Another Day, Another Angle To Vonage's Bungled IPO

from the i-p-oops dept

Every day seems to bring yet another tale of ineptitude from Vonage's horrifically performing and poorly executed IPO. It began with reports of bugs in the share allocation process and then went to a flip-flop on whether or not disappointed customers would actually have to pay for the shares they'd committed to purchase, but it's a little older issue that's the source of the latest story. Vonage got dinged for a technical violation when it solicited its customers with an offer to get in on the IPO, and the company now says those errors could make the sale an illegal offering, allowing buyers to claim damages or get the company to buy back their shares. The company claims it has a strong defense against such charges, but it's inevitable that this whole thing is going to end up in court -- assuming the naysayers aren't right and Vonage can stay in business that long. This IPO has pretty much been a mess from top to bottom, and it's a fair question to wonder how much good it's ultimately going to do the company.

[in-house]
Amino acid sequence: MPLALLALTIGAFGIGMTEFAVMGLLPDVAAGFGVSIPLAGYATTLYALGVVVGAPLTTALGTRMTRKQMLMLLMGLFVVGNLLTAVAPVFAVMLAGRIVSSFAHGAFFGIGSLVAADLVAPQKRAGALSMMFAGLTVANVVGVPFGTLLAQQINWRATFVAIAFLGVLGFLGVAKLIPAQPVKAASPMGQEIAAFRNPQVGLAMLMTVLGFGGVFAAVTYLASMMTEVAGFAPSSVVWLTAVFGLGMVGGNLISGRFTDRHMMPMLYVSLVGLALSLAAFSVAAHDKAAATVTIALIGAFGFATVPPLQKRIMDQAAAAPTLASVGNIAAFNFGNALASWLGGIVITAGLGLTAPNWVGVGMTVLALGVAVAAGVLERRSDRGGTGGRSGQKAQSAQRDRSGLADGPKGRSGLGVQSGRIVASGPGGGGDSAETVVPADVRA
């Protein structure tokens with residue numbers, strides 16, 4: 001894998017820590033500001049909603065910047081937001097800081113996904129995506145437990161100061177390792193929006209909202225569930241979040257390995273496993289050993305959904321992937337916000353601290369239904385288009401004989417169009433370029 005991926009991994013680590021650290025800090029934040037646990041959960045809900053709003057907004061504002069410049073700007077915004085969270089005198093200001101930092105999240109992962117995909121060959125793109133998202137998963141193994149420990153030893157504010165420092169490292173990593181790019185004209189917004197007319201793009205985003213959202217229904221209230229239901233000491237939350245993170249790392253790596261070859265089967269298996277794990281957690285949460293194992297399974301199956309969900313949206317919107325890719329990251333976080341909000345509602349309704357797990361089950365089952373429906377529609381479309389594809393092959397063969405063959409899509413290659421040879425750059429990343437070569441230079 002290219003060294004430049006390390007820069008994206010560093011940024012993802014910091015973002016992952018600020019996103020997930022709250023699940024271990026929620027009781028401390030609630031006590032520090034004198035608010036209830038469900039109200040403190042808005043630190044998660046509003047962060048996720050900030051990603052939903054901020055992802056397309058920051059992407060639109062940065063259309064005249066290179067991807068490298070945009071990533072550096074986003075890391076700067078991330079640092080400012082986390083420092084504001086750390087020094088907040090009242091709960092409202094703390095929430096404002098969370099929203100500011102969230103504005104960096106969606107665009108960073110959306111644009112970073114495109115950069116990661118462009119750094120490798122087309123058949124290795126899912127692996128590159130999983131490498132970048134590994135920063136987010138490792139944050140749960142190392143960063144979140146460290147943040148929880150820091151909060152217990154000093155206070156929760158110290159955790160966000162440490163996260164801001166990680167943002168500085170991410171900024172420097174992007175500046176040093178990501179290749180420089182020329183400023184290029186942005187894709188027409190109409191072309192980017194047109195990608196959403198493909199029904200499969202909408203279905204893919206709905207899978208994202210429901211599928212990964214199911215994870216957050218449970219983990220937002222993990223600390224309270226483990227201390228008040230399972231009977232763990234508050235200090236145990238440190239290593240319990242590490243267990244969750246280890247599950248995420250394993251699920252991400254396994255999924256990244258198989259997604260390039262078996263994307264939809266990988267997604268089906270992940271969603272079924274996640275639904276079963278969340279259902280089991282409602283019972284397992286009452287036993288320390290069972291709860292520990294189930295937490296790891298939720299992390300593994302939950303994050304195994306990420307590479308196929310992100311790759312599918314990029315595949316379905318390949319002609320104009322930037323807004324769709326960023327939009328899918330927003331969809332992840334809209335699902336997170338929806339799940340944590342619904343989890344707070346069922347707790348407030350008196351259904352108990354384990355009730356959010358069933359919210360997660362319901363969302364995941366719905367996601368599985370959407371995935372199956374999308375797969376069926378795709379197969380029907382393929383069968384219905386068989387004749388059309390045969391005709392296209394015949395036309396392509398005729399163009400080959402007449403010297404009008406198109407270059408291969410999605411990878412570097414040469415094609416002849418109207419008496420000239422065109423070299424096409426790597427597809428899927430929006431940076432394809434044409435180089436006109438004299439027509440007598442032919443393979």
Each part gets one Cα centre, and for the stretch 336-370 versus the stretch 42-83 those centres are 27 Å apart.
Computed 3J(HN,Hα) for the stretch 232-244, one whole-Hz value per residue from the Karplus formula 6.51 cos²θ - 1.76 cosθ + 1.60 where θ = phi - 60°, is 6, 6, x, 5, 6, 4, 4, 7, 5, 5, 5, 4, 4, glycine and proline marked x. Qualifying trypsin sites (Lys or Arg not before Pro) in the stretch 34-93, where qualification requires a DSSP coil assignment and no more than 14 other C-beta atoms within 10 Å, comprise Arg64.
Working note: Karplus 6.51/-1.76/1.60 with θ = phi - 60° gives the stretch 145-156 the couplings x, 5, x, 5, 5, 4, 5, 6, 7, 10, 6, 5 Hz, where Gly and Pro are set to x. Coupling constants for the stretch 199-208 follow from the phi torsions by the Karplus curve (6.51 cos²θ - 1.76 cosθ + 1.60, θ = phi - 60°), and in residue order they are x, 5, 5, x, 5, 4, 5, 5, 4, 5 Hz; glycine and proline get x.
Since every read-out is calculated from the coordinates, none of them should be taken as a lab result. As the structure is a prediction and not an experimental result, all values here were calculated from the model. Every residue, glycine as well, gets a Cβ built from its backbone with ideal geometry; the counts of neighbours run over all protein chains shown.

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  1. identicon
    Robert E Spivack, 3 Jun 2006 @ 11:37am

    What about the "underwriters"?

    One thing I don't see anywhere is a discussion about the underwriters responsbility.

    These investment bankers earn big fees to do their job, yet on the rare occassion like this when they screwed up, I don't see them standing-up to shoulder their responsibility.

    investopeida.com (http://www.investopedia.com/terms/u/underwriting.asp) says underwriters "new issues are usually brought to market by an underwriting syndicate in which each firm takes the responsibility (and risk) of selling its specific allotment. "

    The underwriters are instrumental in setting the final strike price of the IPO. They bear the responsibility for cashing out the insiders while leaving the public with a very overpriced IPO.

    Why should Vonage agree to pay the underwriter's for any stock investor's reneg on buying? Isn't that the nature of the underwriting risk for which these banks get those huge fees in the first place?

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